Your work suffers if you do not have great co-stars: Divyenndu

Bollywood Entertainment


Working with veterans is not intimidating, but a pleasure, feels actor Divyenndu, who will soon be seen sharing screen space with senior actor Gajraj Rao in filmmaker Imtiaz Ali’s Thai Massage. The actor feels working with talented actors helps you deliver your best performance.

The 39-year-old explains, “Gajraj sir and I come from a theatre background. From day one, we connected well, more so because of the good script. While acting with senior actors helps you up your game, your performance goes for a toss if you have a co-star who does not know the basics of acting.”

Having worked with different actors, Divyenndu says he is very mindful of who he works with now: “When Mangesh Hadawale (director) narrated the Thai Massage script to me, I wanted to know who would play Aatma Ram in it. He said GJ (Gajraj Rao) was on board and I knew we were moving in the right direction. With like-minded people, the job becomes easy and the result is always good.”

Divyenndu has previously worked in Toilet…Ek Prem Katha, a film that addresses the issue of lack of toilets for women in rural India. Talking about whether it’s a conscious choice to be part of movies that highlight societal issues, the Pyaar Ka Punchnaama actor says, “I am an artiste at heart so I don’t take up a project because it’s talking about a certain social issue. For me, a good story is more important…the world I will be a part of. The kind of character I will be playing. After that if it’s also talking about a social change, then why not.”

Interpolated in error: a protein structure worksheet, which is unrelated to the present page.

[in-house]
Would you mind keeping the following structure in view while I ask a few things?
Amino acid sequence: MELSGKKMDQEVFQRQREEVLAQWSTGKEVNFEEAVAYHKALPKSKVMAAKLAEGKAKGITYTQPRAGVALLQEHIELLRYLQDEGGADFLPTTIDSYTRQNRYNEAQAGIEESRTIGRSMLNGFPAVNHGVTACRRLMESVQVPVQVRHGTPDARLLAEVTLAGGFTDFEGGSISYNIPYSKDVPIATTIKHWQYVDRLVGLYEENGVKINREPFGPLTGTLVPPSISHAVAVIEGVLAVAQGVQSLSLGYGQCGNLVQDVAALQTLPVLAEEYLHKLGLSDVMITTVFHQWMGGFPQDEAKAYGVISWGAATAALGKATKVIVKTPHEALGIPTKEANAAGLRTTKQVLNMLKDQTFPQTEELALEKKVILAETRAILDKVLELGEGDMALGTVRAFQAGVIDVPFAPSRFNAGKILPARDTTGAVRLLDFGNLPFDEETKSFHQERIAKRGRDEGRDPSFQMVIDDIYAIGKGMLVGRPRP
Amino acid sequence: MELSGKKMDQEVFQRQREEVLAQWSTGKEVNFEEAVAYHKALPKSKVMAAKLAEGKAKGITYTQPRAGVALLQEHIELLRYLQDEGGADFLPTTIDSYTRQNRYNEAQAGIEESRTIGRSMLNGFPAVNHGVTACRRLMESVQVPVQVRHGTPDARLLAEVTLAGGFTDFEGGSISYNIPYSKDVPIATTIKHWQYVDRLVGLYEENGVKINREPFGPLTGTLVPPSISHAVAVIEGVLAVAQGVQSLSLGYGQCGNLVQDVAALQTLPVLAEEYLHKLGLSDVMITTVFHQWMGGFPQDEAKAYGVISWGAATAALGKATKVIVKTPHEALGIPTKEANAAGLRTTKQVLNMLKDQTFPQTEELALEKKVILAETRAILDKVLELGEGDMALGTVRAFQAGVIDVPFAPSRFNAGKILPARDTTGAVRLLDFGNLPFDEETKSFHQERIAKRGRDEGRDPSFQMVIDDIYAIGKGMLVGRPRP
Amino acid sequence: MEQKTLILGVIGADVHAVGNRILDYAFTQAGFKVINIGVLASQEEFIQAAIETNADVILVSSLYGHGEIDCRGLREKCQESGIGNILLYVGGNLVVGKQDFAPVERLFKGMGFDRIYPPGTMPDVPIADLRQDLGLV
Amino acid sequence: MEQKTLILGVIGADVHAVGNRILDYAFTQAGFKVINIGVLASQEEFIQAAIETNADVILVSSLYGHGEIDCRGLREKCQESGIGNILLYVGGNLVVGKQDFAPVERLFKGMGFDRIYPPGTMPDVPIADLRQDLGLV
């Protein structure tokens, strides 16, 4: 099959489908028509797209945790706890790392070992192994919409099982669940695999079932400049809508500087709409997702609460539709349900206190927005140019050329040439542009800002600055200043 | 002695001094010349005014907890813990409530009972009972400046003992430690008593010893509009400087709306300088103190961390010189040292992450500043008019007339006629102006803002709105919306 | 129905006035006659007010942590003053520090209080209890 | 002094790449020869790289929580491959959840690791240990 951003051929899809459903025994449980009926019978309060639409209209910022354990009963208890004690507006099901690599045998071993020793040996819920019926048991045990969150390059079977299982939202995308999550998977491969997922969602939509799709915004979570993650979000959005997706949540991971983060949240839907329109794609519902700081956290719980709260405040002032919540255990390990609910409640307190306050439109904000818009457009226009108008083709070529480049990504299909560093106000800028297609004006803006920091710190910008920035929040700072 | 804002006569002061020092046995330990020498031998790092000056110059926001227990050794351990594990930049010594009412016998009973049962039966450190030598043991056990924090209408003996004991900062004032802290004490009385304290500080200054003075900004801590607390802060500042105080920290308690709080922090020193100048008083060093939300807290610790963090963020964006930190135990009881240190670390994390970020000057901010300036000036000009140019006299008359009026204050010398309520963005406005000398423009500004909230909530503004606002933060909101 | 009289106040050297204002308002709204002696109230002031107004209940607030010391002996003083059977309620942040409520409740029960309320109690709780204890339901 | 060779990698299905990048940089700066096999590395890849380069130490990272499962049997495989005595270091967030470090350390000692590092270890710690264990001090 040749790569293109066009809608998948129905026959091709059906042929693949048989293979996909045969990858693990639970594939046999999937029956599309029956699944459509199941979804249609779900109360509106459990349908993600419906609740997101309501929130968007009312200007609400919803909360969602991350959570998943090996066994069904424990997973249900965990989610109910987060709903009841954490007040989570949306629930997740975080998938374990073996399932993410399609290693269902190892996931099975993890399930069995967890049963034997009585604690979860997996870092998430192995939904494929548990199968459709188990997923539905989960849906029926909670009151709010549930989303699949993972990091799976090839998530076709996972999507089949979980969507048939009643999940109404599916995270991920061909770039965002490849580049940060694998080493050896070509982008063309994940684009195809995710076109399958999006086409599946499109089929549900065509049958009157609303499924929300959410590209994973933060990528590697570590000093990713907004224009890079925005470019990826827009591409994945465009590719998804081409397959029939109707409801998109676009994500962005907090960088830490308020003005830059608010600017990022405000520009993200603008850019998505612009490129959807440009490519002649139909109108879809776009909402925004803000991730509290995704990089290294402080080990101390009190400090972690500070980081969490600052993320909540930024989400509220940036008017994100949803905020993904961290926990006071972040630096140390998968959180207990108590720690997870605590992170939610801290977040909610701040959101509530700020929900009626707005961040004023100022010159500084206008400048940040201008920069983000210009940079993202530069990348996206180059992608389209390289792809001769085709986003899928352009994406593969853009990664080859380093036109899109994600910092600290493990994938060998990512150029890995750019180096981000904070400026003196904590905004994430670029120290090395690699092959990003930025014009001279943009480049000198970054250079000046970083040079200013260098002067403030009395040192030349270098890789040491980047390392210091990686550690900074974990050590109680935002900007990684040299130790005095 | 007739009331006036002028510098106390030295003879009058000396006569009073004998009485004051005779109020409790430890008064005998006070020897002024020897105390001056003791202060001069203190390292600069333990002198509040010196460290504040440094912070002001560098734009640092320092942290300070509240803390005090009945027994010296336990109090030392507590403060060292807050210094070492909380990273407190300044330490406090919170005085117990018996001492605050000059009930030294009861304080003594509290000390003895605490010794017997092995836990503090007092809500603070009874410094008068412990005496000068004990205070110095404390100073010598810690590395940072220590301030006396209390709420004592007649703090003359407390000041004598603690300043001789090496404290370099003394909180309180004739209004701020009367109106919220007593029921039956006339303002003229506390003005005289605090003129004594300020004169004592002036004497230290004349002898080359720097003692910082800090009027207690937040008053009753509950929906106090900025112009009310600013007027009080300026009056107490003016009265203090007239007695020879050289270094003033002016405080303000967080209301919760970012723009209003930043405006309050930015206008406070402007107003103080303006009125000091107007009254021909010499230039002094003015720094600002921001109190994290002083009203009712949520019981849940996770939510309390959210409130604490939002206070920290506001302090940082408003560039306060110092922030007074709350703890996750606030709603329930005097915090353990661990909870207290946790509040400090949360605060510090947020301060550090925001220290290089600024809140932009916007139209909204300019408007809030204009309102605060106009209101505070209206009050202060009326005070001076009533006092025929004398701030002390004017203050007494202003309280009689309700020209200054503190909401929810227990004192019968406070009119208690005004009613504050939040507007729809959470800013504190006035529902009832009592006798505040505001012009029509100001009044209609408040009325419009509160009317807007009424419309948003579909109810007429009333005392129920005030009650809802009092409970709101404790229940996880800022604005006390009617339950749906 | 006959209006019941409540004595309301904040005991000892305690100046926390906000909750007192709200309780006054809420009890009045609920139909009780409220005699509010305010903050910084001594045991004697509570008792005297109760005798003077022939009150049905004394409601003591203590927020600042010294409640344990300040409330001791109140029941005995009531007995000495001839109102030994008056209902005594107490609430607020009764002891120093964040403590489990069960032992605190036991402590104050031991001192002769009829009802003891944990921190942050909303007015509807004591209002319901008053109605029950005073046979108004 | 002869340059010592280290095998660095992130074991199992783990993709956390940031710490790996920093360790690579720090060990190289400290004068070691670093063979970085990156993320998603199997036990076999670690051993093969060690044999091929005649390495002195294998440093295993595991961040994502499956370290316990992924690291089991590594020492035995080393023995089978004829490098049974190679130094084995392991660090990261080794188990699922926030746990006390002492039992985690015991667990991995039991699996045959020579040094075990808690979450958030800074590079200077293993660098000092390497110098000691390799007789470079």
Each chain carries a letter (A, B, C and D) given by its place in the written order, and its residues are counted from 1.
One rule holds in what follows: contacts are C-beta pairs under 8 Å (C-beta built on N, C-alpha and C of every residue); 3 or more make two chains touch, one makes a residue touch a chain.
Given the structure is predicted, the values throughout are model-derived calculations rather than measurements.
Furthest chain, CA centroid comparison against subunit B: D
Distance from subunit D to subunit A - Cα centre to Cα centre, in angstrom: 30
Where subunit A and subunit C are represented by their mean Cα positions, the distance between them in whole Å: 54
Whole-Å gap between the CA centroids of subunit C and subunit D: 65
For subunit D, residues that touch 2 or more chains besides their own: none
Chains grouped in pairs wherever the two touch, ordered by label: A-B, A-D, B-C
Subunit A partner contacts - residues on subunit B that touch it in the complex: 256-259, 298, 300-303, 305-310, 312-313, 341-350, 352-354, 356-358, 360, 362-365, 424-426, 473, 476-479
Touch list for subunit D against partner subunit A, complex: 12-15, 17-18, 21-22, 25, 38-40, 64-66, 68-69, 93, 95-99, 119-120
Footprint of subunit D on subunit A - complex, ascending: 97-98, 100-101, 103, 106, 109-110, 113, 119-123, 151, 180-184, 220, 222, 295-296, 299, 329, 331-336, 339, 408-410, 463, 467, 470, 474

Giving example of Toilet…, he shares, “ I remember Toilet was one such film when for the very first time in my career, I thought that the character I am playing is not very big (As I have played leads and parallel leads in the past) but what we were talking about in that film needs to be shared, and I should do that. The role is small but the issue is something bigger. Having said that, I loved the character. I thought for someone like me, who comes from a theatre background, may be it would be good to be someone who starts this movement that when you like a story or a character, you just jump into it. Don’t think too much about how big is the role etc.”

But at the end of the day, Divyenndu says, “As an artiste, it has to appeal to me, otherwise I can watch a documentary, or read an article about the issue on google. We are making a film and the film has to be appealing.”



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